The elite suffered from this too, which required additional means to maintain power.

The sudden drop in income for small farmers resulted in widespread famine, as farmers no longer had income with which to purchase food. The consequence for the Rwandan state elite was just as devastating; the money required to maintain the position of the rulers had come from coffee, tin, and foreign aid. With the first two gone, foreign aid became even more critical, so the Rwandan elite needed more than ever to maintain state power in order to maintain access to that aid.

Maintaining access to aid, however, particularly from multilateral organizations, required agreeing to financial reforms imposed by those organizations. In September 1990, the IMF imposed a structural adjustment program on Rwanda that devalued the Rwandan franc and further impoverished the already devastated Rwandan farmers and workers. The prices of fuel and consumer necessities were increased, and the austerity program imposed by the IMF led to a collapse in the education and health systems. Severe child “malnutrition” increased dramatically, and malaria cases increased 21 percent due largely to the unavailability of antimalarial drugs in the health centers. In 1992, the IMF imposed another devaluation, further raising the prices of essentials to Rwandans. Peasants up-rooted 300,000 coffee trees in an attempt to grow food crops, partly to raise money, but the market for local food crops was undermined by cheap food imports and food aid from the wealthy countries.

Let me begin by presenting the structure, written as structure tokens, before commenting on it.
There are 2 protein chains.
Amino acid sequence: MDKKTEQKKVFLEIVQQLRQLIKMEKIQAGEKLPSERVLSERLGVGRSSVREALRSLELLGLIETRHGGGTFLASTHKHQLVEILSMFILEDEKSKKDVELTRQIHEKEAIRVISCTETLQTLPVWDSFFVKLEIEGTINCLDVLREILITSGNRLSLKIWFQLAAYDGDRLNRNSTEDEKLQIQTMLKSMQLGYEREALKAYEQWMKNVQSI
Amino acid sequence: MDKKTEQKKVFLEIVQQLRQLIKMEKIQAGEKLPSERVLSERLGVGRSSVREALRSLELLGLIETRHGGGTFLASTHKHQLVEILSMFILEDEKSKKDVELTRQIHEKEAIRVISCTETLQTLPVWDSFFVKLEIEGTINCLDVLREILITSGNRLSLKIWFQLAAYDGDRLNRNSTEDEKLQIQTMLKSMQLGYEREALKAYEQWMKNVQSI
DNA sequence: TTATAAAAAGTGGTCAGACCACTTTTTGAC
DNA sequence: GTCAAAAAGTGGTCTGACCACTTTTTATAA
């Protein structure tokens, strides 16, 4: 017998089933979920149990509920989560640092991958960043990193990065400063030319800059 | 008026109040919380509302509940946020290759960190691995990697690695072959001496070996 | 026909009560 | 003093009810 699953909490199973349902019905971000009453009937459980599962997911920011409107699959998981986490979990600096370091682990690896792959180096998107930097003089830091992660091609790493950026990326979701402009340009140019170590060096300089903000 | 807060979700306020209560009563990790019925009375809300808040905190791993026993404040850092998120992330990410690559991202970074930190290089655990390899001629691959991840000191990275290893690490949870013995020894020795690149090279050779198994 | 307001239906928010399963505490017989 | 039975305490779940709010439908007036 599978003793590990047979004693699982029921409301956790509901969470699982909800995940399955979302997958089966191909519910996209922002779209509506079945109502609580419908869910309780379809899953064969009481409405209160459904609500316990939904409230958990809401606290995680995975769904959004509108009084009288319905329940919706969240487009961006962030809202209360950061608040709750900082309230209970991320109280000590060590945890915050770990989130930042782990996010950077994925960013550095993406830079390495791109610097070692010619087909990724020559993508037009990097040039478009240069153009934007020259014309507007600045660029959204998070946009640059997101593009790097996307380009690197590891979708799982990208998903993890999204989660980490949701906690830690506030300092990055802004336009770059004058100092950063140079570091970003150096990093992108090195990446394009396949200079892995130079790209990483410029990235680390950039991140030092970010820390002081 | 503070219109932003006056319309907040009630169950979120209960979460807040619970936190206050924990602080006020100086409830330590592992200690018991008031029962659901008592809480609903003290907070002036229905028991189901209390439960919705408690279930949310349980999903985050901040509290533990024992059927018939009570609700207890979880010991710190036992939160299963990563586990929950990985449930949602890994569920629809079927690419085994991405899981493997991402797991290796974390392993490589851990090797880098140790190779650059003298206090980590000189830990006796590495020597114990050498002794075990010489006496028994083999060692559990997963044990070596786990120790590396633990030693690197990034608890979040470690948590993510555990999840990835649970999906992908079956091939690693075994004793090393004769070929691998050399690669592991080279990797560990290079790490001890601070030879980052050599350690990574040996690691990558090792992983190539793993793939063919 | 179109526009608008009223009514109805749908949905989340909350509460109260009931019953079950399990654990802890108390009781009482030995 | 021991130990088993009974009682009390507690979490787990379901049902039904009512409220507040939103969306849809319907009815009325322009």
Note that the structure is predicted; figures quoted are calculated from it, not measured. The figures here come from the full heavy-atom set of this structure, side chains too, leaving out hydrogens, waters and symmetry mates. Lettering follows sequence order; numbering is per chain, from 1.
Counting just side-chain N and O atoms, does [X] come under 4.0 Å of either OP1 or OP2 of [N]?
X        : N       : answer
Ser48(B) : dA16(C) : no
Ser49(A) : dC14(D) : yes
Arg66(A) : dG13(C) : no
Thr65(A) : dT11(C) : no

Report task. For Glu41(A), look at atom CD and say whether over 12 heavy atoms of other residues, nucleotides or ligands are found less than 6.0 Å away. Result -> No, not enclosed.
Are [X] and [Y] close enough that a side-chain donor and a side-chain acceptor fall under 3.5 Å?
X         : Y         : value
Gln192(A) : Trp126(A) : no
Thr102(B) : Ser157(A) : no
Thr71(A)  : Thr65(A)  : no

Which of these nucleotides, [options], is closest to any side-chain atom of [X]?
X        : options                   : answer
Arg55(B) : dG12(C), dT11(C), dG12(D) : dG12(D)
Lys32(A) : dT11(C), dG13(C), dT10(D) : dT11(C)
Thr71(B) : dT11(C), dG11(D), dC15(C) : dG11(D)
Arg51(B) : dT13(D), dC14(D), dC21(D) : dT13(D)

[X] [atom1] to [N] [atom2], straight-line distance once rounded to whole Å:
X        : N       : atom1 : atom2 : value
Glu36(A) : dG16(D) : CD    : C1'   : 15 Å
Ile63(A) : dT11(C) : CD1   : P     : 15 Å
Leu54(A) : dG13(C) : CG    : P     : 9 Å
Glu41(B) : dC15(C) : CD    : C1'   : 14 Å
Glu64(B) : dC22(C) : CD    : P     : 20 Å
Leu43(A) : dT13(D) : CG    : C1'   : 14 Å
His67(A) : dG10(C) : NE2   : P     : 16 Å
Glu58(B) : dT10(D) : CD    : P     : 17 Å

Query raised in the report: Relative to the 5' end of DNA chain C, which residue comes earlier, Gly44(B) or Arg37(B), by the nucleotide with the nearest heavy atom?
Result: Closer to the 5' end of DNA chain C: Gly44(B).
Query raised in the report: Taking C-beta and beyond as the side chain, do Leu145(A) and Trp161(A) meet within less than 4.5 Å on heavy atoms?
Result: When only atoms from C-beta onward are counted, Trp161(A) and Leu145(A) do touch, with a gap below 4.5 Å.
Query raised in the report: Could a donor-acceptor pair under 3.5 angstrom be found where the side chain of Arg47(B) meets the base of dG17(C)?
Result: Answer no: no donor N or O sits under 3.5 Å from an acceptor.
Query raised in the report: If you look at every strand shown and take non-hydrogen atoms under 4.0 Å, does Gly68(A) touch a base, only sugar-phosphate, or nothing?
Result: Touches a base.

Richard H. Robbins, Global Problems and the Culture of Capitalism, (Allyn and Bacon, 1999, 2002), pp.271-272

While economic collapse was looming, military threats emerged from a group of Tutsi refugees known as the Rwandan Patriotic Front (RPF). “While the economy was collapsing, the RPF … invaded the country to overthrow the Habyarimana regime. Thus the state was confronted with crisis from two directions: economic collapse precipitated by the fall in coffee prices and military attacks from Tutsi who had been forced out of the country by ethnic rivalries fueled by colonial rulers.”

The Habyarimana regime was able to parley the invasion by the RPF into more foreign aid. Former colonial powers were to still have a part to play in the events that then unfolded.

The French, anxious to maintain their influence in Africa, began providing weapons and support to the Rwandan government, and the army grew from 5,000 to 40,000 from October 1990 to mid-1992. A French military officer took command of a counterinsurgency operation. Habyarimana used the actions by the RPF to arrest 10,000 political opponents and permitted the massacre of some 350 Tutsi in the countryside.